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Real Time Economics: Will Recession Worries be Self-Fulfilling?
Real Time Economics
Prime Minister Theresa May faces a no-confidence vote, business
executives worry about a recession, U.S.-China trade talks inch ahead,
the ECB heads for a milestone and the U.S. gets a key inflation reading
ahead of next week's Fed meeting.
morning. Jeff Sparshott here to take you through key developments in
the global economy. Buckle up, it's another busy day for economic news.
John Maynard Keynes long ago noted, businesses are often driven by
animal spirits, not hard cold analysis. So when a survey by Duke
University finds almost half of U.S. chief financial officers believe a recession will strike the U.S.
economy by the end of 2019, it's worth wondering whether they will act
on that belief, for example by curbing investment and hiring, and thus
make such an outcome more likely. The yield curve is approaching
inversion (when long-term rates drop below short term rates), another
reliable recession predictor. Interestingly, this too may be due to
psychology: a survey by the Federal Reserve in October found most bank loan officers would see a prolonged inversion as a reason to tighten
What to Watch Today
The U.S. consumer-price index
for November, out at 8:30 a.m. ET, is expected be unchanged from a
month earlier. Core prices, which exclude food and energy, are expected
to tick up 0.2%. That would put headline and core prices up 2.2% from a
year earlier. CPI isn't the Fed's
favorite inflation index, but it's an important barometer of price
pressure ahead of the central bank's Dec. 18-19 policy meeting.
U.S. federal budget
figures for November are out at 2 p.m. ET. The Congressional Budget
Office estimates a $203 billion deficit for the month, up $64 billion
from a year earlier.
British Prime Minister Theresa May is set to face a no-confidence vote Wednesday after members of her own party rebelled against her Brexit plan.
Beijing's top trade negotiator told U.S. officials China was planning to reduce auto tariffs and boost purchases of soybeans
and other crops. But it is unclear if the early pledges will pave the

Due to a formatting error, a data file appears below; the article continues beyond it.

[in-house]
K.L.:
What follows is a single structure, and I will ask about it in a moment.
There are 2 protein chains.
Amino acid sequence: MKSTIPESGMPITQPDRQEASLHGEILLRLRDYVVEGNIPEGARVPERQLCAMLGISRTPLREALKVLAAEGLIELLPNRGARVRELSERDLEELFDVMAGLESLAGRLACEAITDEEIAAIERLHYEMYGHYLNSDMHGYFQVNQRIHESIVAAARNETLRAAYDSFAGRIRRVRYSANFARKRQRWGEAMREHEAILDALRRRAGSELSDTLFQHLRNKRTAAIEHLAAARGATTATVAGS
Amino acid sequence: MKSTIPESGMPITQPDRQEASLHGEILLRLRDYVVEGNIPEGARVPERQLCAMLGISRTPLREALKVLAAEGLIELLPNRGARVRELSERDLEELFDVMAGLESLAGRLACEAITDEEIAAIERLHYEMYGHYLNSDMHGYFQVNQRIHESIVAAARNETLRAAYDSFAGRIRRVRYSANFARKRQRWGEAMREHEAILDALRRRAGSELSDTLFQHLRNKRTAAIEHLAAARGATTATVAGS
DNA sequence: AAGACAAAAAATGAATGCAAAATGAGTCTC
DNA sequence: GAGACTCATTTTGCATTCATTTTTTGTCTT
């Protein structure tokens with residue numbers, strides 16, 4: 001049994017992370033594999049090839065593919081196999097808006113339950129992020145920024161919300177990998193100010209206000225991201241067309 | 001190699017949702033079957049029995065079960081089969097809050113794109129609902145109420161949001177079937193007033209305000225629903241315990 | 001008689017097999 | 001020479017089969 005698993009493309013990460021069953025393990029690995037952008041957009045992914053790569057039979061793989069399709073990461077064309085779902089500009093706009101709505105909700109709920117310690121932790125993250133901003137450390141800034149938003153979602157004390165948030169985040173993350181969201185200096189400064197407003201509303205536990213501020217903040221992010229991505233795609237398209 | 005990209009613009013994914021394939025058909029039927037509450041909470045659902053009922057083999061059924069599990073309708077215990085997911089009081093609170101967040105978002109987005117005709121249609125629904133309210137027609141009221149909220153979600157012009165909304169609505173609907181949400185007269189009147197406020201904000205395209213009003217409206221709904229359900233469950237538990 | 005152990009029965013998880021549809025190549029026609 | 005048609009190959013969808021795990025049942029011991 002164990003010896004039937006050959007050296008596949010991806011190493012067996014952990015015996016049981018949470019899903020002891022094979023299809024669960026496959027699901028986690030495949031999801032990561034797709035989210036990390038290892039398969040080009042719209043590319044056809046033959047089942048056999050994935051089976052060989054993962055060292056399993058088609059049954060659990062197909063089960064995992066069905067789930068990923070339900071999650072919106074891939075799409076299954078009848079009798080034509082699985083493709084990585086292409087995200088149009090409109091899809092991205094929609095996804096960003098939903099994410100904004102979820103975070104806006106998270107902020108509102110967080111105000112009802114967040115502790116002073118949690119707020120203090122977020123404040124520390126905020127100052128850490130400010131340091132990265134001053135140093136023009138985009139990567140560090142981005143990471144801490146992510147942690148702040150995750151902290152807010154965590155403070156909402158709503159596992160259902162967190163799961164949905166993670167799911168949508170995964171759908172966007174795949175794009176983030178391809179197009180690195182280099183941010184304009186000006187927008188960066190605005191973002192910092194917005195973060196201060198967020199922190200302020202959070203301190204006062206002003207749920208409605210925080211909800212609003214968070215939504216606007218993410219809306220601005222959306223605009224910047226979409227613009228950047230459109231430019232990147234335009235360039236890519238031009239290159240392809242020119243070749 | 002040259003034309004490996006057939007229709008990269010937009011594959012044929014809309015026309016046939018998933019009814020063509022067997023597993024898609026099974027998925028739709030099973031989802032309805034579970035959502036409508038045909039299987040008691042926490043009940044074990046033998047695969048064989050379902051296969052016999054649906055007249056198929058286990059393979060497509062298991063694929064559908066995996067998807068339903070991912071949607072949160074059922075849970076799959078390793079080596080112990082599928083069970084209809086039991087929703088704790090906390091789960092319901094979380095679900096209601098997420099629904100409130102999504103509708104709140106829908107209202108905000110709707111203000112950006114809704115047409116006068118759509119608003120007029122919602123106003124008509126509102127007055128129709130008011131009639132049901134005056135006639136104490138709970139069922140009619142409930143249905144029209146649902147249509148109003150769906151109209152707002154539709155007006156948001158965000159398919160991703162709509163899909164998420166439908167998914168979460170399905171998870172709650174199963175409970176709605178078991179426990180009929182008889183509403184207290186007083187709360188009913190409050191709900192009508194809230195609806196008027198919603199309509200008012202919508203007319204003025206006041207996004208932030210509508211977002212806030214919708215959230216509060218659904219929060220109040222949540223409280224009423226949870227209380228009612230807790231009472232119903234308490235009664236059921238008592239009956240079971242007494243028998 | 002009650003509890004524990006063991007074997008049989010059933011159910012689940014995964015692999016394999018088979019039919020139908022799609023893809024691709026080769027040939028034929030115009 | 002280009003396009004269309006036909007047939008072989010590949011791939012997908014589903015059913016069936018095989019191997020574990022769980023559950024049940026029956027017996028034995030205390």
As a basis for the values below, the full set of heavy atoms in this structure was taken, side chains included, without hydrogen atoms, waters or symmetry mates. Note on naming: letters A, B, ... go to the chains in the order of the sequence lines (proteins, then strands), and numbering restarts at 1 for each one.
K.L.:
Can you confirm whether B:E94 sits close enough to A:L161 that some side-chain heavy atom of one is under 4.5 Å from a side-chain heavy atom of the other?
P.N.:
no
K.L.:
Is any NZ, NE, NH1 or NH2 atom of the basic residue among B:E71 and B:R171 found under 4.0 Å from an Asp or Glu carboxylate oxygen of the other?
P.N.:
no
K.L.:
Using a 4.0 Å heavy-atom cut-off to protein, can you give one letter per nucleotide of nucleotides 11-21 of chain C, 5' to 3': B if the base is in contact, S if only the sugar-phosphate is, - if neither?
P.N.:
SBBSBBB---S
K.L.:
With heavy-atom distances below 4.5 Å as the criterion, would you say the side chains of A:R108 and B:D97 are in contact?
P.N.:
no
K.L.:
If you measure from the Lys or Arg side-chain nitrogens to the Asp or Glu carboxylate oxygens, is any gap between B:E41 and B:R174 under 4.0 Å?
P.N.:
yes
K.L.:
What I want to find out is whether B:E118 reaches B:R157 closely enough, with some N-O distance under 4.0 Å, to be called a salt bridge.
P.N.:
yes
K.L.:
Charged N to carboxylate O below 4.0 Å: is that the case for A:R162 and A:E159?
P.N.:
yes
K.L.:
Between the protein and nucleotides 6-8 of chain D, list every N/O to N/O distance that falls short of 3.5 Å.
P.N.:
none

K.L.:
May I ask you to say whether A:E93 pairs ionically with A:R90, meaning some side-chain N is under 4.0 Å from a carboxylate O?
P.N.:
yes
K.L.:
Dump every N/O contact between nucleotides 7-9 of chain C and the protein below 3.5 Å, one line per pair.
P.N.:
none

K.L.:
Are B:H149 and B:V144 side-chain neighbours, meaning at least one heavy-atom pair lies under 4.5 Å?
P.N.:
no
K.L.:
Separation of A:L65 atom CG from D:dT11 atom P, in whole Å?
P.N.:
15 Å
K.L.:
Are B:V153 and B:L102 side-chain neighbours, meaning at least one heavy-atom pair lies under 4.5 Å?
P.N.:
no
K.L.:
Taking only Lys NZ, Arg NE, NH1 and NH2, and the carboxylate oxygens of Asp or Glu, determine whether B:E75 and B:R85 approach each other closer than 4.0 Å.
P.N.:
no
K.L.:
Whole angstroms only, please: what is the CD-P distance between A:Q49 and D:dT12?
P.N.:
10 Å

way for a deal by the March 1 deadline, Bob Davis and Lingling Wei
Under pressure: The
talks come amid rising U.S. demands, including calls for China to
protect U.S. intellectual property and to stop pressuring U.S. firms to
hand over valuable technology. Beijing has never acknowledged applying
such pressure. Washington is readying measures against China, including
criminal charges against hackers, export controls, indictments and other
For a Few Dollars More
A Canadian judge granted bail to Huawei Technologies CFO.
The judge’s decision Tuesday frees Meng Wanzhou after more than a week
in detention, though it requires her to submit to a curfew, electronic
monitoring and a limited range of travel in the Vancouver area. Bail was
set at 10 million Canadian dollars ($7.5 million). She now awaits
possible extradition to the U.S., where she could face multiple criminal
charges that each carry up to 30 years in prison, Jay Greene
Trump told Reuters he could intervene on behalf of Huawei's CFO if it
bolstered national security or helped secure a trade deal with China.
His reach for leverage with U.S. criminal and civil investigations
involving Chinese nationals and companies such as ZTE and Huawei is a very Chinese way of doing things:
Beijing has long viewed the legal system as a tool to be used for
political or mercantile ends—and ignored when necessary. That should be
worrying for investors. Assuming a long period of economic
and strategic competition, U.S. executives in China could increasingly
find themselves used as pawns in trade or even security tussles,
Nathaniel Taplin writes.
Case study? Chinese state-security officials on Monday detained a former Canadian diplomat. Michael
Kovrig is now a senior adviser with Brussels-based nonprofit International Crisis Group.
The European Central Bank is nearing a landmark decision to wind down its $3 trillion bond-buying program.
But it comes at an awkward time for Europe, whose economy slowed last
quarter to its weakest level in four years. ECB officials are expected
to confirm plans to end new bond buying, known as quantitative easing,
at their meeting Thursday. The ECB will thus become the third leading
central bank to wind down QE, after the Federal Reserve and Bank of
England. The bank’s program was originally designed to last 18
months and total around €1 trillion. It has ended up lasting almost four
years and costing €2.6 trillion ($2.96 billion), Tom Fairless and Brian
think QE for the ECB has been economically a success and politically
almost a disaster,” said Stefan Gerlach, chief economist at EFG Bank.
one in 11 Americans age 50 and older lacks a spouse, partner or living
child, Janet Adamy and Paul Overberg report. That's about eight million
people in the U.S. without close kin, the main source of companionship
in old age. Policy makers are concerned this will strain the federal
budget and undermine baby boomers’ health. Researchers have found that
loneliness takes a physical toll, and is as closely linked to early
mortality as smoking up to 15 cigarettes a day.
Up Next: Thursday
The European Central Bank releases a policy statement at 7:45 a.m. ET.
U.S. jobless claims, out at 8:30 a.m. ET, are expected to slide to 225,000 from 231,000 a week earlier.
U.S. import prices for November, out at 8:30 a.m. ET, are expected to fall 1.1% from the prior month.
European Union leaders meet Thursday and Friday to discuss Brexit, budget, migration and other issues.
China retail sales, industrial production and investment figures for November are out at 9 p.m. ET.